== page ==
Patience is an undeniable virtue in science, and not just in matters confined to the laboratory. Alison Thompson, MCIC and winner of the 2020 Clara Benson Award, recently offered an intimate account of the instrumental role patience has played throughout her career.
Thompson, who is a member of Dalhousie University’s Department of Chemistry, was the keynote speaker at CSC’s Annual General Meeting on 28 May. By way of expressing her gratitude for the honour, she pointed out some of challenges faced by the award’s namesake during her lifetime. Clara Benson, a Canadian chemist born in 1875, was one of the first two women to obtain a PhD from the University of Toronto and she would found what became the American Society for Biochemistry and Molecular Biology. However, when she was inducted as a CIC Fellow in 1919, she did not attend the association’s welcoming dinner because women were not allowed to do so. Similarly, her gender prevented University of Toronto from making Benson a faculty member in the chemistry department, so she instead taught food chemistry in the Domestic Science program.
“She took the opportunities that were available to her and made them into things that were important and meaningful,” observed Thompson, who went on to point out that female scientists are still coping with inequities, including lower pay and higher rates of publication rejection. Nevertheless, she confirmed that she feels very much a part of the contemporary chemistry community, which enables her to unite her learning with a tangible impact on society.
The path to that place was definitely punctuated with some tense moments, she added, many of them caused by the fact that she stutters. As a graduate student still uncertain of doing her PhD, she never dared to answer the communal telephone in her residence, even when it was her prospective advisor inviting her to pursue that goal. When her roommate took the call, then handed her the phone, Thompson sat on the nearby staircase and steeled herself for the conversation — but to no avail.
“So I waited and hoped and tried different strategies and tried to force the words out and nothing came, for the longest time,” she recalled. “And he must have thought that she’d gone off to find me and that we lived in a mansion and that it took a long time to get to the phone. But no. I was there, on the stairs, with the phone right here, not being able to say a thing.”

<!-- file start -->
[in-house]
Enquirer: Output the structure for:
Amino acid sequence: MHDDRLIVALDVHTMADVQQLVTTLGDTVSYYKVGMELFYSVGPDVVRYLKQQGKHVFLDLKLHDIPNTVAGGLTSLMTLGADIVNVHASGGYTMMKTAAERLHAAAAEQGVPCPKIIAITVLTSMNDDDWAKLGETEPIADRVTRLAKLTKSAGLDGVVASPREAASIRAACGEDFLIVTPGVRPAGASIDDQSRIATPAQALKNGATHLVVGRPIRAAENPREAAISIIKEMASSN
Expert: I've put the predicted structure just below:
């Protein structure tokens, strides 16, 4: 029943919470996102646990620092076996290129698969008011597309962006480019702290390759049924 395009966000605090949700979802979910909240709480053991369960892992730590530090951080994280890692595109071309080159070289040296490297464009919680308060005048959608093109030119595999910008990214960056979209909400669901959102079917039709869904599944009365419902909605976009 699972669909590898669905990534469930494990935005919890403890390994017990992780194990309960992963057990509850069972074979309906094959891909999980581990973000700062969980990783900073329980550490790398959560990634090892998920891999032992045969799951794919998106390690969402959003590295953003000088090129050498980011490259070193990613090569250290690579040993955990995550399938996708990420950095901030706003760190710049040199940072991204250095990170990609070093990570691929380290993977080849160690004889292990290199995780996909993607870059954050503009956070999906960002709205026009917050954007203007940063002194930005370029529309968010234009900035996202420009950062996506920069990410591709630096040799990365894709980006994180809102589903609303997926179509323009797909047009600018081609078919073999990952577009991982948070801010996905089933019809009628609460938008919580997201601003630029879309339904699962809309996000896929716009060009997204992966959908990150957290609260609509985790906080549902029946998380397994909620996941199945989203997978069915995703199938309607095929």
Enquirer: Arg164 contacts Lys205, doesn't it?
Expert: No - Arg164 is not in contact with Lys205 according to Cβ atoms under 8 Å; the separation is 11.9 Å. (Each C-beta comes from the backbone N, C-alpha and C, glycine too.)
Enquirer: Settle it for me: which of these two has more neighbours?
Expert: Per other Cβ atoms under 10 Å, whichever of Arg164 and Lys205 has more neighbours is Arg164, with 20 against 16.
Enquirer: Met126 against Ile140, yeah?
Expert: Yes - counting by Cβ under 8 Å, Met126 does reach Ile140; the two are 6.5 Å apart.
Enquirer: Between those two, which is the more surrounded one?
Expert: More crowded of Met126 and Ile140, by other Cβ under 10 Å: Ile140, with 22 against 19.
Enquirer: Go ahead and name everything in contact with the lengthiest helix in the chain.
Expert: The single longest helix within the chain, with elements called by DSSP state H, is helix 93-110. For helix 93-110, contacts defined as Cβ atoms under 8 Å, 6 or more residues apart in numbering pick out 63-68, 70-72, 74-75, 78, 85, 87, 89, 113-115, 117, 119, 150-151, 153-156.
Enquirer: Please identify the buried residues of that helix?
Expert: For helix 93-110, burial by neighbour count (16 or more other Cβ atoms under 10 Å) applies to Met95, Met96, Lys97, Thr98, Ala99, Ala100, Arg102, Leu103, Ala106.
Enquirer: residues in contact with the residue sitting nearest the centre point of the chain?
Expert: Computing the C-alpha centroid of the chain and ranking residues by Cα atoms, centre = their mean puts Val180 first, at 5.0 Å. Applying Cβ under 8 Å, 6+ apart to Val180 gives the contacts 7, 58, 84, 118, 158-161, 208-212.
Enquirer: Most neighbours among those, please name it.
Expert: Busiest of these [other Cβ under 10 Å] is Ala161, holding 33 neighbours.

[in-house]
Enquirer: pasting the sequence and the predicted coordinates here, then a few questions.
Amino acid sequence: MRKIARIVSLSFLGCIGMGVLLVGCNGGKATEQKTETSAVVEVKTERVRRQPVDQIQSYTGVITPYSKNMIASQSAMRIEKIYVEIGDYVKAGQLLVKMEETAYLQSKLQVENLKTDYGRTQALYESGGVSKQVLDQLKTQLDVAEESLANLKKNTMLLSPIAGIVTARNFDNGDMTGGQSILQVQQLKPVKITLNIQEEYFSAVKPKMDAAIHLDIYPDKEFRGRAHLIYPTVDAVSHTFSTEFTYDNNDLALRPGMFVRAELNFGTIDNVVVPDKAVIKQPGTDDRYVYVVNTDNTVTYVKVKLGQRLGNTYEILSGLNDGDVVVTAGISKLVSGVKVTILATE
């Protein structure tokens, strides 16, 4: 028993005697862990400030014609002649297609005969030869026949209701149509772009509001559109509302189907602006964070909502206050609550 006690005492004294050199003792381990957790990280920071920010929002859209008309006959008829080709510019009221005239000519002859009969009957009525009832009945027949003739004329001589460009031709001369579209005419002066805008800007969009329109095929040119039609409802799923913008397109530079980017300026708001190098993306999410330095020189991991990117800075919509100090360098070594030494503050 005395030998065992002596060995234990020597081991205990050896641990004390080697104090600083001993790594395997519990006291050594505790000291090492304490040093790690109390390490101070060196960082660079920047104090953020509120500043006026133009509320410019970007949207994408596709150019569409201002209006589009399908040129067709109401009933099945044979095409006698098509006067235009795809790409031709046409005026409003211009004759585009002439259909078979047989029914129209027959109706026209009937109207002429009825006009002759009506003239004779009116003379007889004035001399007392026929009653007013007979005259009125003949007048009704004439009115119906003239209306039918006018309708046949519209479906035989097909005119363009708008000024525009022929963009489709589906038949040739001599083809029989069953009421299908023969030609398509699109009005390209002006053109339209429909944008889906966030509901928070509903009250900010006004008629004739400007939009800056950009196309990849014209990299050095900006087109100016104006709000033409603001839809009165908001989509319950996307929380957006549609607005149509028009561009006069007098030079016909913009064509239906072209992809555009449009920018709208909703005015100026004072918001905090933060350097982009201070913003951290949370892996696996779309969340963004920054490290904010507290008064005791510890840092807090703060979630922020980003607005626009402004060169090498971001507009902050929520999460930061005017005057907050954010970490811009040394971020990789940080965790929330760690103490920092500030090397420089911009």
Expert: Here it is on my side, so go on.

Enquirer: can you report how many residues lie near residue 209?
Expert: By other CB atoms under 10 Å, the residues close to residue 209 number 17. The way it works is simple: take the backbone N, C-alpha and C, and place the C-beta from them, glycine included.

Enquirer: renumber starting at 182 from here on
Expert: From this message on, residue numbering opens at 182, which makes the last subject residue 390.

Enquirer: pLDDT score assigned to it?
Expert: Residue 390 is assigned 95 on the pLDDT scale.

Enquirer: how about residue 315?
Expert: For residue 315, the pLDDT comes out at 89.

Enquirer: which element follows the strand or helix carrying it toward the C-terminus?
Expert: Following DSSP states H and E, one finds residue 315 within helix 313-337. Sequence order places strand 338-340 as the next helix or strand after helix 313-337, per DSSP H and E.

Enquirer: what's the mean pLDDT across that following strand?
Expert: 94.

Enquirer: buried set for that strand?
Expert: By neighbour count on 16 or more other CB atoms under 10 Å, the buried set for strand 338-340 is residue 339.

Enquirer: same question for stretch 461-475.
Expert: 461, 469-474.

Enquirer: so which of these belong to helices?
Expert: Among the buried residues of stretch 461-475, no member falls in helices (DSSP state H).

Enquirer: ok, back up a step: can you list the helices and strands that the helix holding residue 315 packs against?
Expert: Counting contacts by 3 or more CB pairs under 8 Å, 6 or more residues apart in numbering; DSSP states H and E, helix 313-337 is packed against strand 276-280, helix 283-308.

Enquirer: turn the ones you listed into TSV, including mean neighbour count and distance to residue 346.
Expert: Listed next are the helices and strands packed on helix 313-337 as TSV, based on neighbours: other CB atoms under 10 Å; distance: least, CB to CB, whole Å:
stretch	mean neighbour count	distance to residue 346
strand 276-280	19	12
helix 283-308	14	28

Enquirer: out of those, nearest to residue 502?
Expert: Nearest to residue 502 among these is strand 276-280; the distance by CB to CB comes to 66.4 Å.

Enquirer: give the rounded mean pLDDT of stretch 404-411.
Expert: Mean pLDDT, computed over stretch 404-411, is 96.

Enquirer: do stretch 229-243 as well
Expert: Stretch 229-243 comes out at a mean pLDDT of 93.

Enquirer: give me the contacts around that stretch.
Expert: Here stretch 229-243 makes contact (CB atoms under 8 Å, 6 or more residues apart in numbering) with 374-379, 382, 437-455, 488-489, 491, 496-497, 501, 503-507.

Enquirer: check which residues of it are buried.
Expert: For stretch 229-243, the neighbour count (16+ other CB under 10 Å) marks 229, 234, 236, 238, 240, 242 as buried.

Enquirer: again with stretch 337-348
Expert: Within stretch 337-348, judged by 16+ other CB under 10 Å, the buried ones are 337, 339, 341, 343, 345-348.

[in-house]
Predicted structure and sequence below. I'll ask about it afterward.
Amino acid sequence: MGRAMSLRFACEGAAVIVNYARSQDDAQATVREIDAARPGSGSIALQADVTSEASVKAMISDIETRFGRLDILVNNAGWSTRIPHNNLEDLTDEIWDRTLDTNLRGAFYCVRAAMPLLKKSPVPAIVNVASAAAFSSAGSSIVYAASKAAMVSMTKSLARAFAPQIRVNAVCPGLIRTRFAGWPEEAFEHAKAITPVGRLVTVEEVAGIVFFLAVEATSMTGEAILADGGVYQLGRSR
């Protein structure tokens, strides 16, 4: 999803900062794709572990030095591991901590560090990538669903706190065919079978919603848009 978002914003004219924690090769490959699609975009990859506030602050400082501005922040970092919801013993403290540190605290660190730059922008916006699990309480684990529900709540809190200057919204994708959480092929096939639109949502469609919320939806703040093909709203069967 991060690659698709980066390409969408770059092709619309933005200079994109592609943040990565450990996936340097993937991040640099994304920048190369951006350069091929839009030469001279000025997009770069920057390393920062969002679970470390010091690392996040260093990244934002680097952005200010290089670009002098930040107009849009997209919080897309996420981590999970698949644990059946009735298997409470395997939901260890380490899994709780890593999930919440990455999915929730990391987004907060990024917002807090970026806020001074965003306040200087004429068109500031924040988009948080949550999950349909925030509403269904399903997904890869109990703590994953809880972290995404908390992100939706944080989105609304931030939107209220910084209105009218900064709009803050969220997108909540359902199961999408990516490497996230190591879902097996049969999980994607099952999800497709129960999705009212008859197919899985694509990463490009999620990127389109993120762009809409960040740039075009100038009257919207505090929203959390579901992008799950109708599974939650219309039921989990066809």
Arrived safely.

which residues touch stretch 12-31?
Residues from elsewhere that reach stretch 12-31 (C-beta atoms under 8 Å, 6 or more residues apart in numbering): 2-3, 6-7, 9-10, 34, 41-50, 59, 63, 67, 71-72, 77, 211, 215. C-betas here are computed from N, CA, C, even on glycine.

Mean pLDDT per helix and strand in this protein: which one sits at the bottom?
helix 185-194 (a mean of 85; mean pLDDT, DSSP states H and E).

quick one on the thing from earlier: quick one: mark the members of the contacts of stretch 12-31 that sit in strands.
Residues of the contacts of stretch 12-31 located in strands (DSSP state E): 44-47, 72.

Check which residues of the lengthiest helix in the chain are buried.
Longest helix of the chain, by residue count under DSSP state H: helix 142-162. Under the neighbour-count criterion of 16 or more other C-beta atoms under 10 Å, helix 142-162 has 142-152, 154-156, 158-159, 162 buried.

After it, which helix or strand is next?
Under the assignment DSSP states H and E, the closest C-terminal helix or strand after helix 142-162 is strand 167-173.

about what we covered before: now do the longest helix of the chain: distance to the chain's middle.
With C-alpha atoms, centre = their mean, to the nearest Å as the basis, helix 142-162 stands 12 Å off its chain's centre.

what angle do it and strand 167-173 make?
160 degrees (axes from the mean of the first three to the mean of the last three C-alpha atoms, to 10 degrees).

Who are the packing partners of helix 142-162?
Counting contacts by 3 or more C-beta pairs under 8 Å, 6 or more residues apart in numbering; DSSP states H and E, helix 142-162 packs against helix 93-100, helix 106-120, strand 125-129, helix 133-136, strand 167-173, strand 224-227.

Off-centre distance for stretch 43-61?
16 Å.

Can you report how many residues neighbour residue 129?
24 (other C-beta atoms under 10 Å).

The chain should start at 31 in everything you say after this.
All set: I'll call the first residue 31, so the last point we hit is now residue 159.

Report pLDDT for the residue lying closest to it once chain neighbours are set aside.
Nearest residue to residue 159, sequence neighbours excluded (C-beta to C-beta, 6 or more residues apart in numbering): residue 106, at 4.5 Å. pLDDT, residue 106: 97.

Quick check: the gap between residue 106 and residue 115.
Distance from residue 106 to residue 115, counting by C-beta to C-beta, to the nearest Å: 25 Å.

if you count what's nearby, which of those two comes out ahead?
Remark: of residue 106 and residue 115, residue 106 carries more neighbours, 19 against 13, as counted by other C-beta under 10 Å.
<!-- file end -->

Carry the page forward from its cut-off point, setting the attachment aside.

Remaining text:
Perched on an academic milestone that would shape the rest of her life, Thomson never forgot how important it was that the individual responsible for that opportunity had simply waited. “When I think about that moment,” she says, “that moment of being able to eventually speak and him being patient enough for me to be able to do that, it changed my career path.”
She had an even more pointed lesson in patience after one of the first public presentations of her research. An eminent researcher, who apparently did not appreciate the nature of her severe stutter, praised the work itself but went on to criticize her delivery of it. She retreated to a nearby washroom and cried, only to emerge and find another member of the audience who had waited by the door to meet her. He would go on to become a key mentor as well as the one who guided her to speech therapy that would be effective enough for her to deliver long talks in a professional manner.
“Because of the fact he took the time, he waited for me, again, he changed the career path that I took,” she said.
Such experiences have given Thompson a profound insight into the importance of recognizing and accommodating the needs of others, as well as inspiring her to ensure that she uses her position for a greater good. In that capacity she has assumed responsibilities such as chairing the board of SuperNOVA, a Dalhousie initiative that annually delivers science programs to more than 16,000 young people in Canada. Yet the challenges to respecting the needs of others can be relentless, as she discovered when a friend reviewed her application for a leadership award and noted two profoundly different “voices” in the writing.
“She said it was a different voice that talked about the chemistry community and teaching and outreach, compared to the person who talked about research, who was direct and inflexible,” Thompson explained.
Upon reflection, she realized that she was unconsciously expressing her scientific activities in terms established by her background in the field. “I think that’s because all the role models I have as a researcher were male — people who weren’t interested in outreach, weren’t interested in communicating, weren’t interested in teaching beyond the fact that it was something they had to do.”
In this way, she concluded, this perspective did a disservice to the value that she placed on inclusivity, since she was not representing her full persona and inviting others to do the same.
“We can try to go beyond that and see that our chemistry community — which is the community of the future — can be broader,” said Thompson. “There are a lot of people who believed in me and there are trainees in my lab who need to believe that this is the right place for them.”
Above all, she insisted, there is virtue in accepting the uncomfortable awareness that you may not be ideally suited to your ambitions even as you are eagerly pursuing them, and even greater virtue in helping others to do the same.
“We don’t always get everything right and we’re going to make mistakes, especially if we venture into things where we’ve not ventured before. But I do hope that we can all keep following a path that can help individuals as individuals and embrace the idea of being comfortable with feeling uncomfortable.”